We also have a point on procurement, which is that we advocate the inclusion of provisions allowing for green procurement, for example, to allow for market transformation and in aid of more sustainable practices, products, and services, as well as green jobs in the domestic economies of the parties.
I have a point as well on expropriation. Your study apparently doesn't include the Canada-Jordan investment agreement, but in terms of environmental impact, we don't think we can testify at the committee without mentioning what we think that would do. We would suggest that at the first opportunity the provisions of that agreement that allow for claims of indirect expropriation in any case involving environmental regulation be disallowed, both procedurally and substantively.
The agreement limits such claims—in the terms it provides—in extremely rare circumstances. But this committee, and some of you, may have heard me say before that we think the better approach is that contained in the U.S.-Australia bilateral free trade agreement, which doesn't contain any such provision over and above the regular domestic laws of each party.
More to the point, Australia released a trade policy statement in April 2011—so quite recently, in the scheme of things—stating that it would not negotiate treaty provisions “that would confer greater legal rights on foreign businesses than those available to domestic businesses” or that “...constrain the ability of Australian governments to make laws on social, environmental and economic matters in circumstances where those laws do not discriminate....”
We think that's an extremely sound policy for Canada's context. So we would strongly encourage the adoption of that type of policy for this agreement and all other bilateral trade negotiations. We think that eliminating investor-state provisions beyond the remedies under Canada's domestic law would be a significant improvement here.
We don't argue against appropriate provisions for direct expropriation in domestic and international law. The common law and often statutory law provides strong protection. On the other hand, we've long disputed that public interest regulation amounts to expropriation or that any compensation is due when activities are curtailed because of public interest regulation. We would suggest that if expropriation is provided, it be limited to direct expropriation.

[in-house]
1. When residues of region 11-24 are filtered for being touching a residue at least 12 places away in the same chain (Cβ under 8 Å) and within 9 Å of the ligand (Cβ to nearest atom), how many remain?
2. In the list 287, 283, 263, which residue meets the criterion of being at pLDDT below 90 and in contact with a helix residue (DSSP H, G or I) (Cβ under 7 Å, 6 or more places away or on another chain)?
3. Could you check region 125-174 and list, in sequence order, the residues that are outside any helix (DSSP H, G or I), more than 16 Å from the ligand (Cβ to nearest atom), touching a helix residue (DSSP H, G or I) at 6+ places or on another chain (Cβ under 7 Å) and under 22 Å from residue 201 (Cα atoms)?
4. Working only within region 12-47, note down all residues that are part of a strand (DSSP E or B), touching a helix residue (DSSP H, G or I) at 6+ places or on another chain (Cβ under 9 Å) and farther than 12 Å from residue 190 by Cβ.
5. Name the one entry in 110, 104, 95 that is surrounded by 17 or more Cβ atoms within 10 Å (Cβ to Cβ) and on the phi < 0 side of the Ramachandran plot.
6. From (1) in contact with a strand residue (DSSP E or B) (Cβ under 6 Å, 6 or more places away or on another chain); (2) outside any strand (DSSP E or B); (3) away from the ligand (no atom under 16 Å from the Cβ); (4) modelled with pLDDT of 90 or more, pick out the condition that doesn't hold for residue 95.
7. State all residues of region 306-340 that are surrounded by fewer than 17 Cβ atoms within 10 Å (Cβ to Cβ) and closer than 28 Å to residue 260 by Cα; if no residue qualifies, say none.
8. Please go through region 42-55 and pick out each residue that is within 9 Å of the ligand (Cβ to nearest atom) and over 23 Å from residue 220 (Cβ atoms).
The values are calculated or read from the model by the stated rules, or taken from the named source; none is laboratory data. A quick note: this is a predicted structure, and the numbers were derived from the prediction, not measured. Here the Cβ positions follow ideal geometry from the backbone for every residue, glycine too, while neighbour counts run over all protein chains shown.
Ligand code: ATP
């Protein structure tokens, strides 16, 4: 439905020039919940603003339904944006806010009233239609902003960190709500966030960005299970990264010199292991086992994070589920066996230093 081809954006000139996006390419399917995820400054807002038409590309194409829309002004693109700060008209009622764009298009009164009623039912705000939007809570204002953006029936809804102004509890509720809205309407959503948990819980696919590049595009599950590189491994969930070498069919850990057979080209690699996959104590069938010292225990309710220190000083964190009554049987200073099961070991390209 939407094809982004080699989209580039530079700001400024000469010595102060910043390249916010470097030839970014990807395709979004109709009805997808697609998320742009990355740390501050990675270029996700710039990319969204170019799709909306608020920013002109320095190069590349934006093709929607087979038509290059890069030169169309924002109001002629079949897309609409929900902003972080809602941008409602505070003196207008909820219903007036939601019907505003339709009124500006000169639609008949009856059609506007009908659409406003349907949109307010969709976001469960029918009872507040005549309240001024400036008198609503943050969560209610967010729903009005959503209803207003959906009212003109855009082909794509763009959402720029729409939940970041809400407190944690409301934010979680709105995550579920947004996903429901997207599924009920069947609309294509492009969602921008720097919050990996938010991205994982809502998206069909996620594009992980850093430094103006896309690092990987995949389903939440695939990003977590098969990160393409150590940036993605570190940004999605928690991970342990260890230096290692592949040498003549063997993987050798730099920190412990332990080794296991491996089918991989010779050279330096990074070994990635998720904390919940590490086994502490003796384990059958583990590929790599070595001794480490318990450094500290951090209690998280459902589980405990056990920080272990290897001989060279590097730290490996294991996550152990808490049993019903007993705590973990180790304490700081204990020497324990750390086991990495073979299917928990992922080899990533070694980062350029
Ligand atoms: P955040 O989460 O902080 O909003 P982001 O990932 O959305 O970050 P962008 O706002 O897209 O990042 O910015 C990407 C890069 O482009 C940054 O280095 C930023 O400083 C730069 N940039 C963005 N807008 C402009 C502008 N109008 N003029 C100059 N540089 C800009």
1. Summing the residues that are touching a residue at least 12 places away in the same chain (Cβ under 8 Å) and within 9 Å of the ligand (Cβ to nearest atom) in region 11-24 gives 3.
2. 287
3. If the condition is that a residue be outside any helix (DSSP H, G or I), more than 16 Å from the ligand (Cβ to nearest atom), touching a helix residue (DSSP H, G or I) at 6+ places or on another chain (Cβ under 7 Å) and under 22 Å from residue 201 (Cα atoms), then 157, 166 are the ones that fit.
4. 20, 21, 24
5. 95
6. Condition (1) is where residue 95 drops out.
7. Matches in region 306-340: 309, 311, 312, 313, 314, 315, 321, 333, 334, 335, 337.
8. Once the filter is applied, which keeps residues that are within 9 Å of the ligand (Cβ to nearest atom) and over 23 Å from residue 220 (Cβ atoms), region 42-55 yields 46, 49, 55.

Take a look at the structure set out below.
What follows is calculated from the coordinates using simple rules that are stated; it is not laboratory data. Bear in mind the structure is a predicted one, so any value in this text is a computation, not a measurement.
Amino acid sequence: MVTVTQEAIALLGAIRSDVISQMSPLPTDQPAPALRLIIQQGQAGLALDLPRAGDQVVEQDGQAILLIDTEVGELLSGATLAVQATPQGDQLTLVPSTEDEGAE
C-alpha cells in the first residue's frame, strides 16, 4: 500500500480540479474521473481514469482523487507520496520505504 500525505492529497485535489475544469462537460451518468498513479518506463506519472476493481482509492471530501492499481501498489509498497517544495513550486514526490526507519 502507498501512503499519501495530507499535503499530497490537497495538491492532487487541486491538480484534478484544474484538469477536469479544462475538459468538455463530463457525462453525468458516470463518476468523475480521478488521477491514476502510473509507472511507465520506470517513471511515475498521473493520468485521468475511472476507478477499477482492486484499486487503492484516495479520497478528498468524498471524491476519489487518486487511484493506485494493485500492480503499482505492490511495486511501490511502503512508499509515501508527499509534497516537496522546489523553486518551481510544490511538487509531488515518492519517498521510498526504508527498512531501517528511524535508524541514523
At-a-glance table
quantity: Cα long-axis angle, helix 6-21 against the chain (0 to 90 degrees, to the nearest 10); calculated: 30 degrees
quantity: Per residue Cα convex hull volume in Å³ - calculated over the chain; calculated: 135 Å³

Before I finish that point, the fact that the claims may be brought, even if we don't think they will succeed on the language of the agreement, is, in itself, a problem. It raises the potential for regulatory chill on the domestic, national, and subnational governments; that is, they have to pause and think about whether the regulation they're planning to take could be the subject of such a challenge.
The last point I want to make before concluding and opening it up for your questions and discussion is that as more and more of the agreements are entered into on a bilateral basis, we're starting to see a real patchwork of rules pertaining to the protection, or sometimes the lack of protection, of the sovereign rights of Canada and the provinces and other nations that we're entering into agreements with to establish environmental, health, safety, and labour rights as each of those governments sees fit. Each of these agreements constrains in some way the ability of those governments to act in these areas, even while providing language that purports to protect it.
The fact that those claims can be brought at all we see as highly problematic. We also find very problematic the fact that these claims would be evaluated on a case-by-case basis and that the reasonableness of the government action to protect the environment or its legitimacy or its good faith, for example, might be in play.
To conclude, we strongly encourage that there be improvements in the language—as we've said with respect to other agreements that we've looked at—of the entire agreement and the side agreement to ensure the most beneficial provisions and strong environmental protection and regulation by the parties, and the most sustainable approaches.
We recommend that the committee advise the government that it should return the agreement to negotiation to take into account the above recommendations, including the more preferred expressions of the ability to provide for environmental regulation domestically without hindrance. We think it should extend to strong, precautionary, and protective language in the side agreement and the main agreement, as well as the similar provisions that I noted are contained in the investment agreement.
We also, as I said, recommend that the government adopt a trade policy statement similar to that of Australia's, whereby it would not accord to non-domestic investors any greater rights than domestic investors have.
Thank you once again for the opportunity to present our views.